They will need to develop more consistency – which will come with playing more often – if they are to follow their Sevens team up the world rankings. Under the guidance of former Western Province loose forward Jerome Paarwater, they also competed in the Vodacom Cup, which was a valuable exercise for them.

They will also need to clear their team of doping allegations that were made by a Kenyan governmental task force.

While playing enough internationals is always a challenge for the African sides, Namibia have been able to fill their calendar ahead of the World Cup, playing Germany, Canada, the French Barbarians and Portugal after returning from their Madagascan triumph.

The last three games were on an invaluable year-end tour to Europe, giving the Welwitschia’s the chance to experience Northern Hemisphere conditions ahead of the World Cup and test their depth.

Namibia also hope to be invited to the IRB Nations Cup in Romania as African champions, which could result in another four matches, while home Tests against Zimbabwe and Kenya are also planned for 2015.

The Namibian Rugby Union are also in talks with SARU about their possible participation in the Vodacom Cup in the first half of 2015.

Germany were comfortably beaten, 58-20, in Windhoek, in a match that marked Free State Cheetahs hooker Torsten van Jaarsveld’s first game in Namibian colours.

Vermeulen was able to call on a dozen overseas-based players through the year, with Pumas flank Renaldo Bothma (recently signed by the Sharks) outstanding in the World Cup qualifier in Madagascar, while Jacques Burger, the stoical grafter of the Saracens loose trio, played for Namibia for the first time since September 2011 when he led the team against Canada at Colwyn Bay in northern Wales.

Fullback Chrysander Botha, who played SuperRugby for the Lions and was then signed by the Exeter Chiefs, was one of the stars of the backline before his year ended with a broken leg in the 13-17 loss to Canada.

The likes of flank Rohan Kitshoff and prop Jaco Engels, both stalwarts of the South African domestic scene, also added their experience and quality to the Welwitschias.

The dissent which plagued Namibian rugby around the time of the previous World Cup is now in the past.

“Rugby in Namibia was quite badly hit in 2011 when the exco resigned and technically we were insolvent. But the latest financial statements have been declared clean and passed without any qualifications and there is good governance and the basic foundation in place. We are now back to concentrating on rugby,” De Beer said.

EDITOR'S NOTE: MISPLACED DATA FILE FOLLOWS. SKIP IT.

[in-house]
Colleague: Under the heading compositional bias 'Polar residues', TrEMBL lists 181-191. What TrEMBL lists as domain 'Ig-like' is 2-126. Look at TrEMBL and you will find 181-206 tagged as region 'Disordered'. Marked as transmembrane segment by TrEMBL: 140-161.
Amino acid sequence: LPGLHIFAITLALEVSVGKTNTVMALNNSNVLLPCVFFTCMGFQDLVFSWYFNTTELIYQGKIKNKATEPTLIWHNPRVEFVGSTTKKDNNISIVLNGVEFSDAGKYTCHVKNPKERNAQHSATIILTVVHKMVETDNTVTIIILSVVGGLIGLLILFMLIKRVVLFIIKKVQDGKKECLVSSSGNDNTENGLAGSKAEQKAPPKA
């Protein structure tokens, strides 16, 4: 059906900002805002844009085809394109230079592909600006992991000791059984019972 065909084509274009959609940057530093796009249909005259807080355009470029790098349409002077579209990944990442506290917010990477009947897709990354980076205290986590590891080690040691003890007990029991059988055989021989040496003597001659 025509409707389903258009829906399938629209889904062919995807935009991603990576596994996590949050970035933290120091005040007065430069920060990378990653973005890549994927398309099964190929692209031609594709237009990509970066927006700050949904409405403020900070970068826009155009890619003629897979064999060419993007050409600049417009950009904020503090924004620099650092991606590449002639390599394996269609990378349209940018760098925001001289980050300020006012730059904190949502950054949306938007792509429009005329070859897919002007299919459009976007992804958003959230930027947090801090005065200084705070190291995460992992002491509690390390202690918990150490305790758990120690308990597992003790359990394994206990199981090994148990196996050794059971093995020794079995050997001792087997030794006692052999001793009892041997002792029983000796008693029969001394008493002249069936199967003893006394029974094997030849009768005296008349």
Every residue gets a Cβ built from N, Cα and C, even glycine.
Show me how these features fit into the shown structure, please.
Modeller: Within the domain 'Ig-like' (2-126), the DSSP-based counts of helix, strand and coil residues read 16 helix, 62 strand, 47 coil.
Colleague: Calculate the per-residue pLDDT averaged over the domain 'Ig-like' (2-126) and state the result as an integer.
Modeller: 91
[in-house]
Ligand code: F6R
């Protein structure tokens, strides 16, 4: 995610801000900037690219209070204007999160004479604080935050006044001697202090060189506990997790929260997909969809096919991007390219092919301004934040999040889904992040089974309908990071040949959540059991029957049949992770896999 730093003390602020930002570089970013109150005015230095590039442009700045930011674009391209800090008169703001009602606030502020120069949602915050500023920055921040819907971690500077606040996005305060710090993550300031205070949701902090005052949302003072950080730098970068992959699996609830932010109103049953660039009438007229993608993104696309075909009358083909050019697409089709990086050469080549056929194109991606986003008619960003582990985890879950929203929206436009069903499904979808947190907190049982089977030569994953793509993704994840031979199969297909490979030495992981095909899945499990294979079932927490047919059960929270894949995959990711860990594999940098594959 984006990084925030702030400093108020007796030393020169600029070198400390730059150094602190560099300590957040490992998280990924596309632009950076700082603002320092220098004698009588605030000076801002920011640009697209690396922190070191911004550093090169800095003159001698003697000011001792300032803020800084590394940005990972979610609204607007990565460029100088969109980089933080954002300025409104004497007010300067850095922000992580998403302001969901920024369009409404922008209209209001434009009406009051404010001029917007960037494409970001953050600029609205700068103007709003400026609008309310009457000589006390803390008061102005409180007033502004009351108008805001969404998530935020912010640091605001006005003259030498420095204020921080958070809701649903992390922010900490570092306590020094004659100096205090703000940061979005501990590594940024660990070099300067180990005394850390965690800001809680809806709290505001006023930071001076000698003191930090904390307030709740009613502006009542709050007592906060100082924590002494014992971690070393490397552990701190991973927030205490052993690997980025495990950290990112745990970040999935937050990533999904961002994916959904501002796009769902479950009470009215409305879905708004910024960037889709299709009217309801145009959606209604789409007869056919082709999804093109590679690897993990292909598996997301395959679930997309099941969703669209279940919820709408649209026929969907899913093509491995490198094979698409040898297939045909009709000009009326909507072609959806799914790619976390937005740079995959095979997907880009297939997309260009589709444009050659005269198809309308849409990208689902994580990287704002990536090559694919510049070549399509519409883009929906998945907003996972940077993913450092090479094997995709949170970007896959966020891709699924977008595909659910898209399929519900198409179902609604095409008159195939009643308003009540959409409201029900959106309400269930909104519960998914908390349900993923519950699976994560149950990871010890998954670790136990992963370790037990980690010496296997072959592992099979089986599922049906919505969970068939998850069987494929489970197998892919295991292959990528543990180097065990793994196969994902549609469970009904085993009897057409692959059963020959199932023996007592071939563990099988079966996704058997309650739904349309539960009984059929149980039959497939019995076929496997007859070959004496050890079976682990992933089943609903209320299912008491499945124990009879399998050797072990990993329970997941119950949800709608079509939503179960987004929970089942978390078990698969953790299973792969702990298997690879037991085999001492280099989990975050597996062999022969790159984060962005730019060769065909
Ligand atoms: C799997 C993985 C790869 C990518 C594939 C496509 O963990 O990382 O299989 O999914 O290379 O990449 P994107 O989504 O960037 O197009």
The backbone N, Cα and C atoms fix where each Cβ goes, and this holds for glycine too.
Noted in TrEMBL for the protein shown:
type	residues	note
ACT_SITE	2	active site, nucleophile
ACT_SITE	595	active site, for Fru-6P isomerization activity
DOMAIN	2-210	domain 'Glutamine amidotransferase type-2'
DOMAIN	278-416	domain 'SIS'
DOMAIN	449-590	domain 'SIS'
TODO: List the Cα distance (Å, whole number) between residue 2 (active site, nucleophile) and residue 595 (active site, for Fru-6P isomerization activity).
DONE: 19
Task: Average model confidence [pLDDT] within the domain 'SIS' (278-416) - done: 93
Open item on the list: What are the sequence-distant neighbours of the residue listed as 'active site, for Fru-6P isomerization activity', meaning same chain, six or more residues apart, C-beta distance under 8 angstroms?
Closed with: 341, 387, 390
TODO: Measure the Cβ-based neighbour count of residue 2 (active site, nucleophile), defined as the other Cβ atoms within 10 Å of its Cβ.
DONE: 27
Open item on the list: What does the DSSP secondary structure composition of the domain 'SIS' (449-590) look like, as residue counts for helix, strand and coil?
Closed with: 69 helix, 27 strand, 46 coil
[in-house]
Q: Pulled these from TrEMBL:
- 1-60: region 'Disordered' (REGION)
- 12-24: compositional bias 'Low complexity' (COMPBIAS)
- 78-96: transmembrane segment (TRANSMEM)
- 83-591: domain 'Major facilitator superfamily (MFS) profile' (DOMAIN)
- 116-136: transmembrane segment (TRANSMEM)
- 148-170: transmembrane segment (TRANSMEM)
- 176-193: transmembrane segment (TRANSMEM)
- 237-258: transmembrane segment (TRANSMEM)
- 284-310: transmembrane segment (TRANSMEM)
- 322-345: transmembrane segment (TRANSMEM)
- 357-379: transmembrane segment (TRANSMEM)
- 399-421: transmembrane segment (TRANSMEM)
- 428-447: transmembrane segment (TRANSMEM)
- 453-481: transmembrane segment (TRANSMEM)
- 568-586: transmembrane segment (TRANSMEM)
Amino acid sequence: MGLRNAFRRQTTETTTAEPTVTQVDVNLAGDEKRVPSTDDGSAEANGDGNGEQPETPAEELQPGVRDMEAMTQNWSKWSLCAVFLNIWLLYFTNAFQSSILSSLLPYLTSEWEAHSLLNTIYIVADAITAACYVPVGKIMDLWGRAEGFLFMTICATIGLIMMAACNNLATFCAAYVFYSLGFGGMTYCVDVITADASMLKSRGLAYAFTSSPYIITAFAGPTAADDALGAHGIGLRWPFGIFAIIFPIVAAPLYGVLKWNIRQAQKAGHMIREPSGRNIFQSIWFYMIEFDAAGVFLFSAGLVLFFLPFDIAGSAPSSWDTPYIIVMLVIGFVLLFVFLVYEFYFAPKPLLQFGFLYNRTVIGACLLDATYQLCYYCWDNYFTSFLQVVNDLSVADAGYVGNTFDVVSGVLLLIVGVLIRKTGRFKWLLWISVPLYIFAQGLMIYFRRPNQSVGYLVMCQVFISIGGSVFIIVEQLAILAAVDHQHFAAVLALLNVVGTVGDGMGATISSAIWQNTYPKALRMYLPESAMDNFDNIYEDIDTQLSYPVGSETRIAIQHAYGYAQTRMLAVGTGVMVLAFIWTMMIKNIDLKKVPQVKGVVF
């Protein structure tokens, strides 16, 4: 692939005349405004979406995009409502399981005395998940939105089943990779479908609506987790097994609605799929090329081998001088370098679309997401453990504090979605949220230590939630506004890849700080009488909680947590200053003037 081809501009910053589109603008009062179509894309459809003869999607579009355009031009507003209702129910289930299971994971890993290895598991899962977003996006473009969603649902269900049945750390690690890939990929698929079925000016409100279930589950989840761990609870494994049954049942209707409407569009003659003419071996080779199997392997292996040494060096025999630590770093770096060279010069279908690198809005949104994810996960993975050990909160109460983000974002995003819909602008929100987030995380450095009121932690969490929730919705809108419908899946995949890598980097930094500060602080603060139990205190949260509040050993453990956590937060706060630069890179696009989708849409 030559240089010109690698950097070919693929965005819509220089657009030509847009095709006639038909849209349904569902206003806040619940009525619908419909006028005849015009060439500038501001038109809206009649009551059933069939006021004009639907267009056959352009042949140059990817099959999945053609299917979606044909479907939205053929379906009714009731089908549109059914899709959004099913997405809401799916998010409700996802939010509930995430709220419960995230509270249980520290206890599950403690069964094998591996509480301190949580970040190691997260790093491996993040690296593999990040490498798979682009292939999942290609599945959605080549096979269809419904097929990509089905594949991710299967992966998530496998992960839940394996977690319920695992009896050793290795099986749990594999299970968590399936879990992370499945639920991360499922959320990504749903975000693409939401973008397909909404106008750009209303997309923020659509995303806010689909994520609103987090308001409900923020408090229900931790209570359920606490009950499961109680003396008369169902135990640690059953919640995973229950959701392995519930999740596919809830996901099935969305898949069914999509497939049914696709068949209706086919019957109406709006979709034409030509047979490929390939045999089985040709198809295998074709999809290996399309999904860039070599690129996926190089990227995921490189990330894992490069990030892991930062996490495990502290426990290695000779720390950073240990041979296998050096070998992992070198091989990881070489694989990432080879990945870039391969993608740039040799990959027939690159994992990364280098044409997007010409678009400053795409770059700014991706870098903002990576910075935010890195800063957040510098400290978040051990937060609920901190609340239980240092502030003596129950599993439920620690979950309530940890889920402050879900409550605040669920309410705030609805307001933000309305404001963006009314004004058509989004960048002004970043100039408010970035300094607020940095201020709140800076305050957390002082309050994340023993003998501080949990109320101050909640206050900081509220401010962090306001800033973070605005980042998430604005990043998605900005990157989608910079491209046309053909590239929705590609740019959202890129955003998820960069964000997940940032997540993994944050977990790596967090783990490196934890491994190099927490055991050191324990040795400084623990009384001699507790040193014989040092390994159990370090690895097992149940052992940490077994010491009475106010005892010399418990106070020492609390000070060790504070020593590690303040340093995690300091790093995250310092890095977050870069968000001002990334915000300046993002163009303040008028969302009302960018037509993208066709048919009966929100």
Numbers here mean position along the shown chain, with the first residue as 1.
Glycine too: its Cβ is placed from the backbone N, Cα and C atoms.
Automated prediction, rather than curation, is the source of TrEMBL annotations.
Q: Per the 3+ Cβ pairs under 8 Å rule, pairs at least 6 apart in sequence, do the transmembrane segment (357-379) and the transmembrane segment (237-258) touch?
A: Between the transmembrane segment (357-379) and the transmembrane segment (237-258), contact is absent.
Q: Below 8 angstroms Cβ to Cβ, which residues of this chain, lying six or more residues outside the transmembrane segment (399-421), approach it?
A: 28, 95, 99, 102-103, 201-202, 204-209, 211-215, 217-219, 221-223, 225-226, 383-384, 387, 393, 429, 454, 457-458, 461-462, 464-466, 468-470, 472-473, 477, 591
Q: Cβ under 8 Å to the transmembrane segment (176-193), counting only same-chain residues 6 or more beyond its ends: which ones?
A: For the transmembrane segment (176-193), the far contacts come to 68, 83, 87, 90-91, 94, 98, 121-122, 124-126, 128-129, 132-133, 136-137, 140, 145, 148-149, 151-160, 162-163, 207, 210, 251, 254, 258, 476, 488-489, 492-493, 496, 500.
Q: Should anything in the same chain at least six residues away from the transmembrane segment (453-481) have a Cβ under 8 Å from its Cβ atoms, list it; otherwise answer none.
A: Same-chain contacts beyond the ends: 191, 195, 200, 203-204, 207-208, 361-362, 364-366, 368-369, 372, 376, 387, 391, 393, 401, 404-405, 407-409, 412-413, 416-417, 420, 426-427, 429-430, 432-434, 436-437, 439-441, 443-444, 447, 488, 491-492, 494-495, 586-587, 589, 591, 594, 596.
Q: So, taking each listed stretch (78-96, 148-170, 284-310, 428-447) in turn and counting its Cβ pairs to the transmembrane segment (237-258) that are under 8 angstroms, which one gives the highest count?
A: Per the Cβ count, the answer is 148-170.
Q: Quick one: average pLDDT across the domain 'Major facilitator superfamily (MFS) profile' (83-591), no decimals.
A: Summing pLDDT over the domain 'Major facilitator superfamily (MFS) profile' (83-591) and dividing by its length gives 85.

An IRB report also praised Namibian rugby, saying: “Governance, administration and finances can be used as an example for many unions in the world “.

The IRB’s regional manager for Africa, Jean-Luc Barthes, said in his report that “I met responsible and very professional people who want to properly manage their activities and make rugby the number one sport in the country.“

The plaudits kept coming when they were named sports team of the year, Vermeulen won coach of the year and De Beer administrator of the year at the Namibian Sports Commission Annual Awards.

To add to the feel-good factor, the U19 team won the Confederation of African Rugby’s tournament hosted in Windhoek in September to qualify for the IRB Junior Trophy competition in Portugal in 2015.


CSA will deal with no IPL because it was not expected – Lorgat 0

Posted on March 14, 2014 by Ken

Chief executive Haroon Lorgat said on Thursday that hosting some of the 2014 Indian Premier League (IPL) would have been a “windfall” for Cricket South Africa, but the organisation had not catered for the tournament in their financial forecasts.

The Board of Control for Cricket in India (BCCI) announced on Wednesday that this year’s IPL would begin in the United Arab Emirates (UAE) on April 16, before moving to India from May 1, with Bangladesh on standby should the elections in India not allow them to host it until later that month.

The announcement put to an end speculation that South Africa would host some of the tournament, having successfully staged the entire 2009 event.

“We weren’t surprised at all by the BCCI announcement, they want to play the tournament close to home. We were involved in discussions all along and we were informed of the decision before it went public. It made sense to have the first 16 games in the UAE, if they needed longer outside India then maybe we would have featured,” Lorgat said on Thursday.

“But we never had any plans for the IPL in our forecasts. It would have been a windfall, but it’s something we hadn’t bargained for. If it had come here, we would have embraced it, but equally we can deal with it not coming here. It’s their tournament and we respect their choice.”

With Lorgat and CSA having a well-publicised falling out with the BCCI last year and India, Australia and England staging a virtual coup to take control of the International Cricket Council (ICC), there have been fears that South African cricket would be sidelined.

But Lorgat revealed there has been a rush of activity in negotiations with other boards that would see more Test cricket being played here.

“We are very keen to play four-Test series against Australia and we’ve gone some way to agreeing to that, although it’s dependent on the calendar. If we can fit it in, then we will do that.

“And we are talking to England and have agreed in principle to play a five-Test series in 2015/16. So we’ve already achieved a lot working together since the original ICC proposal, which has already been changed considerably,” Lorgat said.

The CEO also denied reports from India that CSA had refused to stage only part of the IPL, wanting the whole tournament or nothing.

“To say we made demands like that is totally untrue and the amounts of money that we were reported to have wanted have also been exaggerated,” Lorgat said.